Having a Loved One with Depression/Anxiety and Attending Family Gatherings

captureDuring the holidays, you watch television commercials, people getting ready for a family gathering; getting gifts ready, dressing the kids, everyone in the car, you see the family at the door, knocking and Grandma answers it.  She gives everyone a hug and kiss and everyone goes inside to see all the other family members.  That’s what people think really happens.  What about those with anxiety or depression or both?  It is NOT like that.

My father lived with manic depression and anxiety, family gatherings were not his favourite.  We would go to family gatherings, on my mom’s side, and there were a lot of relatives.  Only a few family members knew my father lived with manic depression but back in the 70’s, 80’s and 90’s, not a lot was known so there was a lack of understanding.  My father would become anxious about going but we did go.  We never knew if anyone would comment about his behaviour, what he would do, what he would say; sometimes we did leave early after something was said and he would end up being hurt.  After a while we did stop going.  There would always be someone who didn’t want my father there because of something that happened in the past.  The past would be mentioned; even just a small mention and it would grow into a huge ball of anxiety, frustration, anger, embarrassment and humility.

Family gatherings are meant to be fun, memorable and getting closer to one another.  When a loved one lives with anxiety and depression, it becomes a very stressful event.  Things are said and done by others and causes anxiety and eventually the feeling of being trapped occur, which can result in a panic attack.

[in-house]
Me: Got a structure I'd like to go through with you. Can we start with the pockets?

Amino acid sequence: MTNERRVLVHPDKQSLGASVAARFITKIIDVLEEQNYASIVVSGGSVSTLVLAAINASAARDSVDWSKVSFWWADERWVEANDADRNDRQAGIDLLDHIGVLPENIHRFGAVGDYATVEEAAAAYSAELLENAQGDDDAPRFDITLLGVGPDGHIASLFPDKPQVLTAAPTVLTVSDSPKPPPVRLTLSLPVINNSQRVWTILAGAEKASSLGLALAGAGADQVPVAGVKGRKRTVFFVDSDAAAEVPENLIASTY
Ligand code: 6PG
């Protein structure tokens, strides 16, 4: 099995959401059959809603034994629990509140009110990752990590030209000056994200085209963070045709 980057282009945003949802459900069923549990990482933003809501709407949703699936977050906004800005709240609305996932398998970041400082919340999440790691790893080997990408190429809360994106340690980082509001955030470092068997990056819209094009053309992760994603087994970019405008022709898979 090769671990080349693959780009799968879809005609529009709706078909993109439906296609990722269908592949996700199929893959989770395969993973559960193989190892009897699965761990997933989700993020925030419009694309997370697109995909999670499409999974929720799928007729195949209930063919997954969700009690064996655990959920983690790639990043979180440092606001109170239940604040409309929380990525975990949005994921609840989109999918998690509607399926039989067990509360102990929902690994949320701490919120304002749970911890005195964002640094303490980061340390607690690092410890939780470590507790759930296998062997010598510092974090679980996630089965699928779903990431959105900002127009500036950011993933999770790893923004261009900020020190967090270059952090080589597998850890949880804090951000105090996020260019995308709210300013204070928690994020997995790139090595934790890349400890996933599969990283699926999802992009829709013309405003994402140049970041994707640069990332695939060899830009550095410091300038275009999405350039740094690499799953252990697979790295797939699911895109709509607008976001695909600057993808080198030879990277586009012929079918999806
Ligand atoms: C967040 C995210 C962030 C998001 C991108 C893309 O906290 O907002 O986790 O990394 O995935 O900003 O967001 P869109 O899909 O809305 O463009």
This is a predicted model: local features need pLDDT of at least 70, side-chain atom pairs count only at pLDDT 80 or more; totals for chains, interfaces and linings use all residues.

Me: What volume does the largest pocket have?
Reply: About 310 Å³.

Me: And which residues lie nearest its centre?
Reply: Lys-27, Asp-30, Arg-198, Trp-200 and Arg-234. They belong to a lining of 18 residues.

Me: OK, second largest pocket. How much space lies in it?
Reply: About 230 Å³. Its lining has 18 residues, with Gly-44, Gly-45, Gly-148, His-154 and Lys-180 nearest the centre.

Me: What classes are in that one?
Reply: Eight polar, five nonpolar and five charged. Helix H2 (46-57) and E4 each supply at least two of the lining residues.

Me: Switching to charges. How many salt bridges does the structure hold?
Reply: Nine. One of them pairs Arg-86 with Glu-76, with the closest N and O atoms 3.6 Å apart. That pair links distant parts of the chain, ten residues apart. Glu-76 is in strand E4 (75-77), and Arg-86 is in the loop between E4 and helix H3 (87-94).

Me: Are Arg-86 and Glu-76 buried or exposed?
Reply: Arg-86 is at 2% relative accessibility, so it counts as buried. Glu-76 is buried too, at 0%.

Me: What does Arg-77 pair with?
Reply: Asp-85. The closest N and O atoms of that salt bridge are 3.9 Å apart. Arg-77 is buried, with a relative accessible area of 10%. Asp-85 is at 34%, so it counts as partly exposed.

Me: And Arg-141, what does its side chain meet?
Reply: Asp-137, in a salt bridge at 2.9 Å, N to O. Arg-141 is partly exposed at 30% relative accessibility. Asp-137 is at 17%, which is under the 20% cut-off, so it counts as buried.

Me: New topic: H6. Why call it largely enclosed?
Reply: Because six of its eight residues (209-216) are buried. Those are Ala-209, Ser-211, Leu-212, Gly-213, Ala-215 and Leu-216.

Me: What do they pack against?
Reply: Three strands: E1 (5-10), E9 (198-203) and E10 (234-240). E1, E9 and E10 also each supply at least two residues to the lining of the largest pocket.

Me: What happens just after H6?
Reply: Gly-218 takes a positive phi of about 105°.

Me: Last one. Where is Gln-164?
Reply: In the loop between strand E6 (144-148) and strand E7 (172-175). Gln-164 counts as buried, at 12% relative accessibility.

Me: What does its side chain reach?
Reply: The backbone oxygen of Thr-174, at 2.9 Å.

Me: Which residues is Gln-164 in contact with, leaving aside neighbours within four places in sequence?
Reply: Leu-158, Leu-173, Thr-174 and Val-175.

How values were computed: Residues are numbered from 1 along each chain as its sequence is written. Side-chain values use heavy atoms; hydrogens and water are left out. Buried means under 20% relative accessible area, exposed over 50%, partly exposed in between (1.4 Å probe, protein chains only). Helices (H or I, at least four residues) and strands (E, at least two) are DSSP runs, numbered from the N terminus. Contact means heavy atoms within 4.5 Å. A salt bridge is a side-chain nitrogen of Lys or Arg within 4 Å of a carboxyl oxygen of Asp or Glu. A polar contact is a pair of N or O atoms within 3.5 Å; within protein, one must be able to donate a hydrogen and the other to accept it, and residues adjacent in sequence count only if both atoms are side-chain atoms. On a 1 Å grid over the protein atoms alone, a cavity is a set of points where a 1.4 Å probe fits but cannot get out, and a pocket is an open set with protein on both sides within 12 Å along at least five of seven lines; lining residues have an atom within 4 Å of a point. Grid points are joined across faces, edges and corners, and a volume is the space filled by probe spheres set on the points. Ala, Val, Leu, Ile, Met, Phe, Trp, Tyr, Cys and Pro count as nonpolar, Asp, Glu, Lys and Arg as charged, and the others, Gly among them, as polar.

When a loved one has anxiety or depression, the anticipation of the event can sometimes be worse than actually attending the event.   Thoughts enter your head days, sometimes weeks before the event, wondering what is going to be said or done, how you would react to it, how the other person would react, then you think of the consequences of it.  Sometimes just the preparation of the event can be stressful as well.  If it’s Christmas, gifts have to be ready, if you have pets, they have to be taken care of before leaving, if there are children, they have to get ready.  All the preparation has to be done within a certain timeframe and can cause the anxiety to heighten.

At times you won’t be able to control your surrounding during a gathering but as a loved one you can help reduce the anxiety at any gathering….

Find an ally – if there is a relative who is positive and comforting, go with your loved one and begin a conversation

Set limits – you cannot control what someone says or does but you can help your loved one; reassure them it’s okay to say something but know when to walk away

Bring a distraction – at times, it can become overwhelming.  You can prepare a bag with comforting items for your loved one; a book, mp3 player, anything to help your loved one calm down

Focus on the good – within the anxiety-provoked situation, you need to help your loved one see the good; there will be something positive that can be a calming distraction.  You cans suggest talking to a relative who has a positive, understanding energy, read stories to children, playing with animals or assist with the meal.  Doing something positive will calm your mind and reduce the anxiety/depression

Understanding what is happening and having a plan to make it through can increase the sense of control and decrease your anxiety as well as your loved one.

captureAnita Levesque is a web and graphic designer, a mental health advocate with lived experience through loved ones; father – bipolar; brother – PTSD, depression, anxiety; mother – PTSD; boyfriend – clinical depression, severe OCD, GAD, personality disorders. The goal with my website, http://mentalillness-doyouknow.com is to focus on personal experiences rather than articles by doctors and medical professionals who haven’t experienced mental illness.  Anita writes articles for several websites on topics such as OCD, Addictions, Suicide, PTSD and more.  She resides in Stoney Creek, Ontario and interests are photography, reading, music, learning, spending time with her family.

You can follow Anita on Facebook, Twitter, Pinterest, and LinkedIn.

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